The aim of this study is to examine the relationship BGVs of first week with short-term mortality in patients with acute ischemic stroke.


Materials and Methods

This is a hospital-based retrospective study. Four hundred and seventeen patients with AIS were screened between 2010 and 2015. Patients admitted within the first 24 hours of stroke were included in the study. Exclusion criteria were given in the flow chart (Figure 1).

Study protocol

All patients were screened using the International Classification of diseases, 10th revision code “G46.0-2” from the database of the hospital’s electronic record system. Four hundred and seventeen patients met the criteria. Clinical and demographic characteristics of the patient were obtained from the archive records of the patient. Glasgow coma scores (GCS) and the modified Rankin scores (mRS) were recorded. BGVs on the 1st, 3rd, 5th and 7th days were determined from biochemistry records. GCS is ​​between 3-15 points (15, normal: 3, worst), mRS is between 0-5 (0, normal: 5, worst). The hospital mortalities of the patients were obtained from the medical records. Patients, who were discharged from the hospital before 30 days, were determined from the outpatient clinic records or contacted by the telephone.

Statistical Analysis

Data were analyzed using SPSS software (version 15.0;SPSS Inc, Chicago, IL) and presented as mean (±) standard deviation or median (95% confidence interval). “Kolmogorov-Smirnov test” was used as normality test. “Student t-test” was used for parametric comparisons between the two groups, and “Mann-Whitney U test” for nonparametric comparisons. χ2 test was used for comparison of categorical data. Receiver operating characteristic (ROC) analysis was used to define areas the areas under the curve (AUC), sensitivity, and specificity, positive and negative predictive values. “Kaplan-Meier” survival analysis was performed according to ROC estimation of BGVs. Cox regression analysis was performed to determine independent predictive risk factors for mortality. For the mortality analysis, two models were used to observe whether or not the coma score (mRS) effects on the variables. Model 1 includes coma scale (mRS), glucose and risk factors such as hypertension, DM, CAD, triglyceride, while model 2 includes only glucose and risk factors (hypertension, DM, CAD, and triglyceride). P<0.05 was considered statistically significant.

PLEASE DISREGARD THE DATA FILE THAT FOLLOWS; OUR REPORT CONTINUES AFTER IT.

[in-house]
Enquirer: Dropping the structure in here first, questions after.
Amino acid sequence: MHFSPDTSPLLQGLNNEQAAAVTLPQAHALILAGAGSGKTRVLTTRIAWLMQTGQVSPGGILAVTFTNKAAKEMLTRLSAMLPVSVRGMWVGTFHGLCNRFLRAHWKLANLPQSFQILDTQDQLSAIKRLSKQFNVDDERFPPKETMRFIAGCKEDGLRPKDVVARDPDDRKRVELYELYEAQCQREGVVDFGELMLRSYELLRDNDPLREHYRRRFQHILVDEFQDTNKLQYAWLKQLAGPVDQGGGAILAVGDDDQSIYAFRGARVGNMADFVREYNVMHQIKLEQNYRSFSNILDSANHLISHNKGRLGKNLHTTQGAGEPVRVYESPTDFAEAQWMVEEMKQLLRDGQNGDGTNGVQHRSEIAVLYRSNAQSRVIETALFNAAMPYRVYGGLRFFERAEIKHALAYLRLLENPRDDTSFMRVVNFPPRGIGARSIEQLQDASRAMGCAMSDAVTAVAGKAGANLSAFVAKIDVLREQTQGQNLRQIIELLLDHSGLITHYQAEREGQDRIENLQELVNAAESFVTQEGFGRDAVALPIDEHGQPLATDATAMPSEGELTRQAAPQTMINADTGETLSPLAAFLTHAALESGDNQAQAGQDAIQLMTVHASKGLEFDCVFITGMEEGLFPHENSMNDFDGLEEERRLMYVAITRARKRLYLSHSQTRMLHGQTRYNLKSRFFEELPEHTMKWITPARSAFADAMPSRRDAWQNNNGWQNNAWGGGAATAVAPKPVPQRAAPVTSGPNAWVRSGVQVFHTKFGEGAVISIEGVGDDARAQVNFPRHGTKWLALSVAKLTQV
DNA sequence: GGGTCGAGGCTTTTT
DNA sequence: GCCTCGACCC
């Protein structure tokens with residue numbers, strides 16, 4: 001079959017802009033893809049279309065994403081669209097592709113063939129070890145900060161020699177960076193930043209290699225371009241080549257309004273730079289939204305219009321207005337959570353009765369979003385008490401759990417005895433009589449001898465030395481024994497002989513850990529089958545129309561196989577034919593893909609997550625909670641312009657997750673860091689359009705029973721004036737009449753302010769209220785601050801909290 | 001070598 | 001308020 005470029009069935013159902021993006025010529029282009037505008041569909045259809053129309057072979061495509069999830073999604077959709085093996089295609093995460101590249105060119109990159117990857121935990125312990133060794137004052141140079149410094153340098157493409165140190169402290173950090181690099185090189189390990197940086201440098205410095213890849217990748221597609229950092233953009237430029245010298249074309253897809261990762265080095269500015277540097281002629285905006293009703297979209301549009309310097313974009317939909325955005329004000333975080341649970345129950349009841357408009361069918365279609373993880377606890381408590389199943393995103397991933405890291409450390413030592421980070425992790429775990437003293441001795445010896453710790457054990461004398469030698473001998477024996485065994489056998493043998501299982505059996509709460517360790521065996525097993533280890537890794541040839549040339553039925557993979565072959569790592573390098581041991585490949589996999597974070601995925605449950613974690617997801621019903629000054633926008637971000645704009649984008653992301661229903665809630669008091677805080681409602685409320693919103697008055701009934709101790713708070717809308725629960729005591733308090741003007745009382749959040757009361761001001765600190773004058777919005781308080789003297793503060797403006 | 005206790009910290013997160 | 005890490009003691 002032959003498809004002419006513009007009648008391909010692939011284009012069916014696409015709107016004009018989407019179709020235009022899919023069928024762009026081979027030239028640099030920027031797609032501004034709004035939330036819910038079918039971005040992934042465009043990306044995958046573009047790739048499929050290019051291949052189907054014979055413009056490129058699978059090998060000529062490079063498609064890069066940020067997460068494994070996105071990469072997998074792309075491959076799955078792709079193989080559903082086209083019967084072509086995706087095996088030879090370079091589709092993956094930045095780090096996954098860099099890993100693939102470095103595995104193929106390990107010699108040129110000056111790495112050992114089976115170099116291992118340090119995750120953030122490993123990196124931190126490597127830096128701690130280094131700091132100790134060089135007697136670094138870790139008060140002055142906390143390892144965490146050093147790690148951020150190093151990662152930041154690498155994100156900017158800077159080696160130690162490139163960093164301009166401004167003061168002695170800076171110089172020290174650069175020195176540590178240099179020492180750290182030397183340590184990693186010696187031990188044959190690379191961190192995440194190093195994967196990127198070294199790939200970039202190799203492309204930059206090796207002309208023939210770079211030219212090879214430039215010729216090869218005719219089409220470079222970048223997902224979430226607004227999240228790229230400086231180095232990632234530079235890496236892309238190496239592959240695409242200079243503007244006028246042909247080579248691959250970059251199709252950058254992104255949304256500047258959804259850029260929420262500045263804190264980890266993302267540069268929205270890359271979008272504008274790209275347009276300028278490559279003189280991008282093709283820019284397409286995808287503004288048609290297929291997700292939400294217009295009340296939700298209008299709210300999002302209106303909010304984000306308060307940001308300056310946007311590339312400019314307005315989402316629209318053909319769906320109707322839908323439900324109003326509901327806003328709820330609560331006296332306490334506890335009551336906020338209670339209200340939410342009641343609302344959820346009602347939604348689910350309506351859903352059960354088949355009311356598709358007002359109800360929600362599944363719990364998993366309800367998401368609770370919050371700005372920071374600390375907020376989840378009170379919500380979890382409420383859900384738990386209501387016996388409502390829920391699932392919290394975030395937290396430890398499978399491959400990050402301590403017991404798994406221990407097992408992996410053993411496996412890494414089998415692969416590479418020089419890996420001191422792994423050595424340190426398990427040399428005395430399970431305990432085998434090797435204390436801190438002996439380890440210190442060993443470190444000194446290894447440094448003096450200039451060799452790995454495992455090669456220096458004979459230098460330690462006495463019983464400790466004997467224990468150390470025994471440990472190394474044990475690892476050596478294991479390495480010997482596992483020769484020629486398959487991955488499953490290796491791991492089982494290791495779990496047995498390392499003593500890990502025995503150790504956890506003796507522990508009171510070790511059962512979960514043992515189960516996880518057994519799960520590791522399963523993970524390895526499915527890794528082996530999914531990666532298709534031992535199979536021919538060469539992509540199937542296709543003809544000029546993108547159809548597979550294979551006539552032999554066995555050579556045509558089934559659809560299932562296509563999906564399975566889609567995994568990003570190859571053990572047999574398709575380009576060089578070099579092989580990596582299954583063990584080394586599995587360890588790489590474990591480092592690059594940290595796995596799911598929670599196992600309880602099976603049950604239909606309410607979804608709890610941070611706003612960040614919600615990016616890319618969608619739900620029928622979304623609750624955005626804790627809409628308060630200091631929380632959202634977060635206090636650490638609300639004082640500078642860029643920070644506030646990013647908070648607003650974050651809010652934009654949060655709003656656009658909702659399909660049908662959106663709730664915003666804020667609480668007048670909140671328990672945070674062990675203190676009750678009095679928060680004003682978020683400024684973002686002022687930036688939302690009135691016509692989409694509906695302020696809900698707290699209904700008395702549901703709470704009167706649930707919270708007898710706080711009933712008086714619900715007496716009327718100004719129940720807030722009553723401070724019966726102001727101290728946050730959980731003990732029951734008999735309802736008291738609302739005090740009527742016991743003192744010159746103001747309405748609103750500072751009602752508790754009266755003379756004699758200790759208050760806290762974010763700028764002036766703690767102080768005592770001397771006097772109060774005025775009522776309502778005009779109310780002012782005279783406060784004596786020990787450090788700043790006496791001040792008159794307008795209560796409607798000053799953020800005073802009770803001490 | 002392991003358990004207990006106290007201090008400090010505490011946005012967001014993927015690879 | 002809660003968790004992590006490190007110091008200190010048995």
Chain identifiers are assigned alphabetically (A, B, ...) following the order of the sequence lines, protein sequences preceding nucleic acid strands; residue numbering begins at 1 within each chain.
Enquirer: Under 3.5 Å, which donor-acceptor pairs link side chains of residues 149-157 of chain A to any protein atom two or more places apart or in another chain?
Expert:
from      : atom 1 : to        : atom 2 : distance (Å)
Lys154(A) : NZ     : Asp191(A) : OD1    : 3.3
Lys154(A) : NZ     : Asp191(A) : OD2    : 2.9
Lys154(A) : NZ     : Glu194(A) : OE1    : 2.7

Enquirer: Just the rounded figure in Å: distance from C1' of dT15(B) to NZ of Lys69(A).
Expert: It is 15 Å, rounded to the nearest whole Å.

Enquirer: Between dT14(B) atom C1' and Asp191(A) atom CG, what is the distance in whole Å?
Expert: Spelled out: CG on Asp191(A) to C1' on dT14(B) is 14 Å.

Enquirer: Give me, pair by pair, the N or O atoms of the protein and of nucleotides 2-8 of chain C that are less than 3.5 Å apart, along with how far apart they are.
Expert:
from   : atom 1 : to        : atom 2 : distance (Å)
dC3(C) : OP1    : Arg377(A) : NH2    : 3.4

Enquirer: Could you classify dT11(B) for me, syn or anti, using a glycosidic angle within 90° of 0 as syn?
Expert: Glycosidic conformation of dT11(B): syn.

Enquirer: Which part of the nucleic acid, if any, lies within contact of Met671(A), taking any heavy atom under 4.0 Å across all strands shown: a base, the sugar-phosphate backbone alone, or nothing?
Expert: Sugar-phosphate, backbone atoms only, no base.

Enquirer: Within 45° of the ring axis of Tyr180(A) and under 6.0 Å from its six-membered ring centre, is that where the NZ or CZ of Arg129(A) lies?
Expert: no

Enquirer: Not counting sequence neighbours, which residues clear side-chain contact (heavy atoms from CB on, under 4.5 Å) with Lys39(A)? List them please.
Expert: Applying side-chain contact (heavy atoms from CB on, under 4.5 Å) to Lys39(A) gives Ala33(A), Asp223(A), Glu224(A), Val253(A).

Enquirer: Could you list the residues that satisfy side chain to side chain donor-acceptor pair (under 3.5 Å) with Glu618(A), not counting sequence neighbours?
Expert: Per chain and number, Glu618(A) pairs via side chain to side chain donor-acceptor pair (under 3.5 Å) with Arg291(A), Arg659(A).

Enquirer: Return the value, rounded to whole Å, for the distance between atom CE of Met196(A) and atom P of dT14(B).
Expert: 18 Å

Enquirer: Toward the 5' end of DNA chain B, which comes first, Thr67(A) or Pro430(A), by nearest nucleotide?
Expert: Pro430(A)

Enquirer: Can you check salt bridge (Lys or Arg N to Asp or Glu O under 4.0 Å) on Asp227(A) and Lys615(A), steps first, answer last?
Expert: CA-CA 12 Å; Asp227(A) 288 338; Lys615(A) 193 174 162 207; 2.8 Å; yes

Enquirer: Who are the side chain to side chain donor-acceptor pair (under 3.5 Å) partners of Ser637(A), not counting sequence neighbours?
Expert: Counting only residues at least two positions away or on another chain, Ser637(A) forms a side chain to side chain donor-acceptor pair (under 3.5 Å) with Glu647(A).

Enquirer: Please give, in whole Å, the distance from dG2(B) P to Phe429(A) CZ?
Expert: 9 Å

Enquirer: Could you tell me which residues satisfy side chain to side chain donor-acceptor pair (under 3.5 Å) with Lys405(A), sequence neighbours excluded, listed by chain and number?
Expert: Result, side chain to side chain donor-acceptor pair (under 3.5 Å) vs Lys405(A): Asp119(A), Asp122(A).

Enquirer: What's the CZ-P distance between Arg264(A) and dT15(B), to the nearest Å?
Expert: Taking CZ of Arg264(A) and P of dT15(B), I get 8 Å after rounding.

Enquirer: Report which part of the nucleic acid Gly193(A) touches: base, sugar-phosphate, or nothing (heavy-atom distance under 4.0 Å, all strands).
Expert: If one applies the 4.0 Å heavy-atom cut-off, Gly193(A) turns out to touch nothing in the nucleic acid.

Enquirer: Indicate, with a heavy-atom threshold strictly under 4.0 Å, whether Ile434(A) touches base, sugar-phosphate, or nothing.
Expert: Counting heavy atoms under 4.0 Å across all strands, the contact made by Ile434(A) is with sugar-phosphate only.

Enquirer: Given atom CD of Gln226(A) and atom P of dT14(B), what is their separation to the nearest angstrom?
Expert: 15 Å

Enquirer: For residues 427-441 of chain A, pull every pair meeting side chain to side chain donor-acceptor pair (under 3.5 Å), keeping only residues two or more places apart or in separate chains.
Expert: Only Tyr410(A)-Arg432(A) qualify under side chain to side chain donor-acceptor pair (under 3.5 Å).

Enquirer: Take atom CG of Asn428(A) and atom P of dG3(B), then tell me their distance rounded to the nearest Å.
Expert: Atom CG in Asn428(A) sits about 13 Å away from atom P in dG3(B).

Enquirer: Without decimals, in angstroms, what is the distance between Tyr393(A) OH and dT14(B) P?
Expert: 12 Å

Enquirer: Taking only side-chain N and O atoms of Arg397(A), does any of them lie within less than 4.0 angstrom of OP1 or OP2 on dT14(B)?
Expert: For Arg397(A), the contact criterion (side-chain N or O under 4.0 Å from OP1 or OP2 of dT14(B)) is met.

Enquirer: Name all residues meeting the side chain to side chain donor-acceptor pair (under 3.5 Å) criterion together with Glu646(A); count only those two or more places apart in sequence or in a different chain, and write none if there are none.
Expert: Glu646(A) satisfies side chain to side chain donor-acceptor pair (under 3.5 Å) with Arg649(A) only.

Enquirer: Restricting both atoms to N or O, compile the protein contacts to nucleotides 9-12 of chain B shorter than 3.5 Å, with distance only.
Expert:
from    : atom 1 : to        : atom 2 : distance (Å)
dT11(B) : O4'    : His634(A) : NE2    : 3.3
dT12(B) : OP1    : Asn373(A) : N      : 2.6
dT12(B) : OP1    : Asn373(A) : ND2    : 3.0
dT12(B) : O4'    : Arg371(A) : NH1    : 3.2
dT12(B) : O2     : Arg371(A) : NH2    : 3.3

Results

Four hundred and seventeen patients with a mean age of 67.39±13.0 were included in the study. The demographic and clinical characteristics of the patients are shown in Table 1. The mortality rate during the 30-day follow-up was 21.58 (n=90). BGVs ​​and HbA1c values are shown in Table 1 on the 1st, 3rd, 5th and 7th days of admission. Age, stroke history, hypertension, CAD were significantly higher in the mortality group. The mRS and the white cell count taken at admission, and the 1st, 3rd, 5th and 7th day BGVs were significantly higher in the mortality group, whereas HbA1c, triglyceride and hemoglobin values were significantly lower. Although hemoglobin and HbA1c values ​​were significantly lower in the mortality group, these two parameters were neglected in further analyzes because the values ​​were very close to each other and were within normal range (Table 1). Since there was no significant difference between the mortality and survival groups in terms of DM history (χ2 =0.783, p: 0.224).45.3% (n=199) of all patients had hyperglycemia (>7 mmol) on the first day-blood glucose measurements [23.5% (n=103) with DM history and the remaining 21.8% (n=96) without DM history].